Syringe Filter Selection Guide - Part 4 of 4
Consider the following when choosing the best filter for your analytical application:
Part 4: Optimal Pore Size RatingAssumption: it is desirable to extend the life of your column and reduce maintenance due to particulate in the pumping system thereby giving more analyses per dollar spent. Given this assumption, the filter pore size should be determined based on the column packing size. As you can see below, the column packing particles touch each other. Ideally, you would not want contamination to fit into the space between the particles of packing. This space (labeled Flow Path) is identified below. The idea is to find out how large that space is and remove particles that size.
For example, start with a 3 µm packing size and draw a few well-placed equilateral triangles as suggested in the figure below. Determine the largest particle capable of fitting through the column by circumscribing an equilateral triangle with a side length of 0.75 µm.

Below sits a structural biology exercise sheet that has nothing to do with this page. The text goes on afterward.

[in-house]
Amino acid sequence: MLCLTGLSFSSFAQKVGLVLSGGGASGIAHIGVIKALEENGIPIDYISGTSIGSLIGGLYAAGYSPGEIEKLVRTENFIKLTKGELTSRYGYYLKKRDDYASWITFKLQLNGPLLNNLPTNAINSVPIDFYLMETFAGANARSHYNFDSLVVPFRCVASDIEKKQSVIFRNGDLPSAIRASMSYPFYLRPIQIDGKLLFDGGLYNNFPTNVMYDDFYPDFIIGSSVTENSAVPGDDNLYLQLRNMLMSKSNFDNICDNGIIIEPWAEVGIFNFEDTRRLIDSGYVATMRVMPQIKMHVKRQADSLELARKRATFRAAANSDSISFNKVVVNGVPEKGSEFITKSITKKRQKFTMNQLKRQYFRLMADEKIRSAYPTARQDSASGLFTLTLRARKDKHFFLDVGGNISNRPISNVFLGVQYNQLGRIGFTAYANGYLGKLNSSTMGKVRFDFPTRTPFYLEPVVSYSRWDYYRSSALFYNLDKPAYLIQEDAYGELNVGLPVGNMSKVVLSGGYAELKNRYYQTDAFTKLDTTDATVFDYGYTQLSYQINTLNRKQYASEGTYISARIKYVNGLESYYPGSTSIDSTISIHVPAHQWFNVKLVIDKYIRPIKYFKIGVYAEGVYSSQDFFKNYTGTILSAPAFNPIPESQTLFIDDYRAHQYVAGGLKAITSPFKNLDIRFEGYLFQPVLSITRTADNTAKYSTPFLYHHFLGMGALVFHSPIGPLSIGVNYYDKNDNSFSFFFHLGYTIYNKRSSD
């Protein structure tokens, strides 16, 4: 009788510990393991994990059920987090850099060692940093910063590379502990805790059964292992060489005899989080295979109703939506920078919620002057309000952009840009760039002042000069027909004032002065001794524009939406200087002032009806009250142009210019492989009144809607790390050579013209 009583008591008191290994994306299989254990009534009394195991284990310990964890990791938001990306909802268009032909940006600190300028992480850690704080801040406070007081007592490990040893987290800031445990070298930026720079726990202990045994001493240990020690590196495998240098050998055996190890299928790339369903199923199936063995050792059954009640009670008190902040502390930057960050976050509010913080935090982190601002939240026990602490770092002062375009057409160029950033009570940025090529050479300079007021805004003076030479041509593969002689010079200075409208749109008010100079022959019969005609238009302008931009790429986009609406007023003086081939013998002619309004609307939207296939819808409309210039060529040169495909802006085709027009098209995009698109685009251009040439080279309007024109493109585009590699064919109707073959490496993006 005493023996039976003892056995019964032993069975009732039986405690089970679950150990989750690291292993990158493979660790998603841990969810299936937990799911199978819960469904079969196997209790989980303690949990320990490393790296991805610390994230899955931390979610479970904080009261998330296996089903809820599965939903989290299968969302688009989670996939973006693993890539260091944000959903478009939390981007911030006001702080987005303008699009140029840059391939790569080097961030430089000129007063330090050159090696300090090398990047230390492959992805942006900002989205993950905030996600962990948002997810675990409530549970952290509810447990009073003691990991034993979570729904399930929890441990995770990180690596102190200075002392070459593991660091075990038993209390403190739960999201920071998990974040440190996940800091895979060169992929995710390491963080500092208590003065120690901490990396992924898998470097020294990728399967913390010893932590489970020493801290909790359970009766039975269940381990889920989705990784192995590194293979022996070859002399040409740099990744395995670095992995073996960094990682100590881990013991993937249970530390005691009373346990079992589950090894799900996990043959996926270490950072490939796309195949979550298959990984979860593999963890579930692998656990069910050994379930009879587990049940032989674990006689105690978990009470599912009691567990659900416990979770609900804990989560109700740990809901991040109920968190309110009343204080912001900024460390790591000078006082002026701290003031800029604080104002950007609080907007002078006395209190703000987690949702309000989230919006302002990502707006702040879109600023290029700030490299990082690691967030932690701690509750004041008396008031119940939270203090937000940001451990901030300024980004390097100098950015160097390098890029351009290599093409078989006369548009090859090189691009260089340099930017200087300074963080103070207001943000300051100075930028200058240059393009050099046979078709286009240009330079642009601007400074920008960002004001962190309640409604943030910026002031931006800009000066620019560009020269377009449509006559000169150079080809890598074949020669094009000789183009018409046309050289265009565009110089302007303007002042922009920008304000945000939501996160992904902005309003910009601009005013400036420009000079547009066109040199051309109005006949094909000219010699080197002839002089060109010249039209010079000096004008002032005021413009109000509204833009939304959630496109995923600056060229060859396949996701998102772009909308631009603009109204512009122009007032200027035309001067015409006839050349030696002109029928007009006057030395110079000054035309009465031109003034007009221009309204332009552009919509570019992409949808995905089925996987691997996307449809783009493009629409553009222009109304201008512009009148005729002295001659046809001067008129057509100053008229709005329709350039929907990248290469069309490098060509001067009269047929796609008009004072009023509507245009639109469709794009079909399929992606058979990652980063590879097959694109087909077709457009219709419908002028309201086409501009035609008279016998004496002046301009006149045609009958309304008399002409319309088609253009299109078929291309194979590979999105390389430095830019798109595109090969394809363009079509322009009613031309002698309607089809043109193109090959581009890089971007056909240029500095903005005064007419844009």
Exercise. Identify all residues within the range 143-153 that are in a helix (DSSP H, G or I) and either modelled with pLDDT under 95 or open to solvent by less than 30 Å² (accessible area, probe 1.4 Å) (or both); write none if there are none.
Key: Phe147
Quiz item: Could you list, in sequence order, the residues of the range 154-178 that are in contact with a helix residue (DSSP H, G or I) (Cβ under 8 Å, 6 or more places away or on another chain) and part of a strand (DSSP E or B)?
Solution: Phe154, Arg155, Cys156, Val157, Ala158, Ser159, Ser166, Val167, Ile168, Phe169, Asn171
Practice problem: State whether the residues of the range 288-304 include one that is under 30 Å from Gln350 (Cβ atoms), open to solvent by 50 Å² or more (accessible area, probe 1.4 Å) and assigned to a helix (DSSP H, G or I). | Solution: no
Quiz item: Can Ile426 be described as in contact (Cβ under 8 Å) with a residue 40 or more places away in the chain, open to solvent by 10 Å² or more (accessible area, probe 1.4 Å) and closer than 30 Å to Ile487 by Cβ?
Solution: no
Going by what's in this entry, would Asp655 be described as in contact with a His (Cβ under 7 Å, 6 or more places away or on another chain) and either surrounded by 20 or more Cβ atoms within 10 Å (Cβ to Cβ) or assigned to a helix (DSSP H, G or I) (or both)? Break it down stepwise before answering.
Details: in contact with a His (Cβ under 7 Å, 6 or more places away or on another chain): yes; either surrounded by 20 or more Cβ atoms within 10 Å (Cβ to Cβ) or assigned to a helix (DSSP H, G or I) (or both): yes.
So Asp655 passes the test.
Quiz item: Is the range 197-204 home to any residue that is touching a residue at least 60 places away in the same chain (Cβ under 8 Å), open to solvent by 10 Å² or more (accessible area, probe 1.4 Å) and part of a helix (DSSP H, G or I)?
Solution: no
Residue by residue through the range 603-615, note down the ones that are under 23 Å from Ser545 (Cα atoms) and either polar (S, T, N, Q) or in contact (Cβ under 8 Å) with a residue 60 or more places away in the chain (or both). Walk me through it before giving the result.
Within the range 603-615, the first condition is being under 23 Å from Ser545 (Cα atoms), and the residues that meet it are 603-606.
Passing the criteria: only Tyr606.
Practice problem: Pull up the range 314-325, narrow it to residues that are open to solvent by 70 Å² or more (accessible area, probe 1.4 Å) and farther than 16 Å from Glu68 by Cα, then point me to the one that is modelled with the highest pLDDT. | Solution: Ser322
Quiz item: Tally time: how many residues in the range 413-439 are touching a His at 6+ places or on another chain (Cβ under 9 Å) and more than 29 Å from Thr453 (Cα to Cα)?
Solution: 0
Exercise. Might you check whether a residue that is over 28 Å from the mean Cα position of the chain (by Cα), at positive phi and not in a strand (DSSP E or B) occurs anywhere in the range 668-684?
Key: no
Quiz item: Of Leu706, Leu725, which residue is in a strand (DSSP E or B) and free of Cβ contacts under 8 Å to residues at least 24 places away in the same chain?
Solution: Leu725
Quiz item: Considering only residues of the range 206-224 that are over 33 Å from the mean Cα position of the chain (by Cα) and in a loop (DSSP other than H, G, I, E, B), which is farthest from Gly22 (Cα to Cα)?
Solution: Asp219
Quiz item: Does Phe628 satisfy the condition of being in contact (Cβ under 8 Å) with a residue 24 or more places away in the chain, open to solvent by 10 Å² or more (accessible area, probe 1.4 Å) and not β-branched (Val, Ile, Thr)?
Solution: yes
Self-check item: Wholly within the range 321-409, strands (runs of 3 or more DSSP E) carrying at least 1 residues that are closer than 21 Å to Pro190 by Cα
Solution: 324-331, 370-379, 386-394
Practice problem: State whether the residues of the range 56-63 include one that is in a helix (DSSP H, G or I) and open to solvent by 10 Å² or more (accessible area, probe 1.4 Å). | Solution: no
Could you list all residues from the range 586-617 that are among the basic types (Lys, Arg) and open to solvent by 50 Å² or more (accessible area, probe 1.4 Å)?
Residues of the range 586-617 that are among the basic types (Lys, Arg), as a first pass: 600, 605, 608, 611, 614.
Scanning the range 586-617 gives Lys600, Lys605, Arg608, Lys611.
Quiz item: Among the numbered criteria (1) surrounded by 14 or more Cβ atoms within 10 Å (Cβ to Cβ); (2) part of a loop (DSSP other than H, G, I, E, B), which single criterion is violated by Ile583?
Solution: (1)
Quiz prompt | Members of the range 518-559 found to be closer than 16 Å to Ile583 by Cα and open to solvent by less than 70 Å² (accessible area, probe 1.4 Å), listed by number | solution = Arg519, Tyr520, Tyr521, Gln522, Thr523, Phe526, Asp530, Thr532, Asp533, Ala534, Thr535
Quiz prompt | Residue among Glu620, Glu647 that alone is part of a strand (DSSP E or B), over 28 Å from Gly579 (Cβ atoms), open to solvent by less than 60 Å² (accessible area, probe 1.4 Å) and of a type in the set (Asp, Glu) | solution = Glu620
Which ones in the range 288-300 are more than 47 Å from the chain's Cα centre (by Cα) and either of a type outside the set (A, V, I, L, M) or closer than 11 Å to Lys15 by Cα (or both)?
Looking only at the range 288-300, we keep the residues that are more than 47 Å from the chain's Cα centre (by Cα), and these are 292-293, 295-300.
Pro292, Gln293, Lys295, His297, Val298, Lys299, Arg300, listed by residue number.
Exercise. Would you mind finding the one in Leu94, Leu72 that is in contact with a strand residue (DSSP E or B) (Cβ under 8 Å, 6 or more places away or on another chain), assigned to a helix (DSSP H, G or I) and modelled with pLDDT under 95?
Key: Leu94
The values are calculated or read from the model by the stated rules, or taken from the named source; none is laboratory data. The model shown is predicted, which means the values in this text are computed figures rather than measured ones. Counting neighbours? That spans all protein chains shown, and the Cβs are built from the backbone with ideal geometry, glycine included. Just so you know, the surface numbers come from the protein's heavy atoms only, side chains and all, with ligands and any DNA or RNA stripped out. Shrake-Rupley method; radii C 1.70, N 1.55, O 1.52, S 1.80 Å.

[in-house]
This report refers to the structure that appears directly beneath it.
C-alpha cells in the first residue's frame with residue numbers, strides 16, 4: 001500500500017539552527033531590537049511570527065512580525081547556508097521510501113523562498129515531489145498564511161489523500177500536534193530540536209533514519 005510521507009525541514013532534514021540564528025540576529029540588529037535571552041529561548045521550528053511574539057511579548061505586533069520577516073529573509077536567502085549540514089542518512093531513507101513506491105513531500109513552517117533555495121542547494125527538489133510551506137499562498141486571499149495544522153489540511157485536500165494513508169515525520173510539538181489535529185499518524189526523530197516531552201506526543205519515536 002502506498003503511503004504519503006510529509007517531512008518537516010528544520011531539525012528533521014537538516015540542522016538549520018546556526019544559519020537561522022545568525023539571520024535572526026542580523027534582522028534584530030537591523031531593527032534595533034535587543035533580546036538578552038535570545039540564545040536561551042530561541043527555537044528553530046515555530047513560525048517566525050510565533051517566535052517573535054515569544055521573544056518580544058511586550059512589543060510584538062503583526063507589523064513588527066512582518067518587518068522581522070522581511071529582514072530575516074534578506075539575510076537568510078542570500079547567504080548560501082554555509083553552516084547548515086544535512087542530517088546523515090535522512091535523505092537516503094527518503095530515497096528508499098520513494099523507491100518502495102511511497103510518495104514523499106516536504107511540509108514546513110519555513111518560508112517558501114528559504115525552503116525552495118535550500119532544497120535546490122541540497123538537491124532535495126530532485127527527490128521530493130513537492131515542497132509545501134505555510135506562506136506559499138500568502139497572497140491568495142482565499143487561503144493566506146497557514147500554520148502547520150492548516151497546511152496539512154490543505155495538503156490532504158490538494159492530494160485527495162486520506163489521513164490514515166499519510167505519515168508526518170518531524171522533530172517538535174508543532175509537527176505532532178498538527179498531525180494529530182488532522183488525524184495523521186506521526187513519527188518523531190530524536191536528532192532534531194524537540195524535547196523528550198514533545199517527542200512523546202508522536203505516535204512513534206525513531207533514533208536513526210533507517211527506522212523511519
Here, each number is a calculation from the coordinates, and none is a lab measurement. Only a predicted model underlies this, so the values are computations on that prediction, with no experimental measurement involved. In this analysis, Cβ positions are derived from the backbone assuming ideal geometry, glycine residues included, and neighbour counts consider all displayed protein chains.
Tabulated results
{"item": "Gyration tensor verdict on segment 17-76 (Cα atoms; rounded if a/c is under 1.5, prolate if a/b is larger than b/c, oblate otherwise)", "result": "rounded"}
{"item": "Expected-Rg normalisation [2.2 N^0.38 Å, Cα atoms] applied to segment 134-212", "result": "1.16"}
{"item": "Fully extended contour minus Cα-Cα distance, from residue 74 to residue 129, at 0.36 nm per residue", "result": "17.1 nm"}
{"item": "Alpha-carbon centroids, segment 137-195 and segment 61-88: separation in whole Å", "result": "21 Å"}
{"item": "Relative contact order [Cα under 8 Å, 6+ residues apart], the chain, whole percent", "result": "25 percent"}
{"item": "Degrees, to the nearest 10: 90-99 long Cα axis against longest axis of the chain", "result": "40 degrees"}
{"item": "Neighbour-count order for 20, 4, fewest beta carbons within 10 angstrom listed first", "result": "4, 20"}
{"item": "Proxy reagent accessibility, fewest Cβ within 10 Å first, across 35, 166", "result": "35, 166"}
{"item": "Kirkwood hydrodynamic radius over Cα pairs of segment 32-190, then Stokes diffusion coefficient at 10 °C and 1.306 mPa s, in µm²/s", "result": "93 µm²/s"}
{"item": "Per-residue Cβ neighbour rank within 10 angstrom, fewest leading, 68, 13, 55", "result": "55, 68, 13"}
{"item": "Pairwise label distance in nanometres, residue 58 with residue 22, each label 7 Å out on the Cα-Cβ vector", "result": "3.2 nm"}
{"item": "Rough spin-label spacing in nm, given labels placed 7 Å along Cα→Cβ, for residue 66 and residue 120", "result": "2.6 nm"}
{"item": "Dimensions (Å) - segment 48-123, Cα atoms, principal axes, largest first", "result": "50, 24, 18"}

Now enlarge the diagram and look further. Visualize a series of equilateral triangles whose side length gets down to 0.75 µm. The figure below illustrates a right triangle whose short side describes the radius of the sphere. The angle is one half of 60º, or 30º. The horizontal side of this new right triangle has a length of 0.375 µm (half of 0.75 µm). Calculating the tangent of 30º gives the ratio of the length of the opposite side over the adjacent side, in this case 0.58. This means that the short side of the triangle is equal to 0.58 x 0.375 or 0.217 µm. Coincidentally, this is also the radius of the particle. So, if the column packing is 3 µm in diameter, the flow path is 0.43 µm.
When an HPLC column has a packing size of 3 µm or smaller, you should use a 0.2 µm filter because a 0.45 µm filter may let particles through that will plug the column.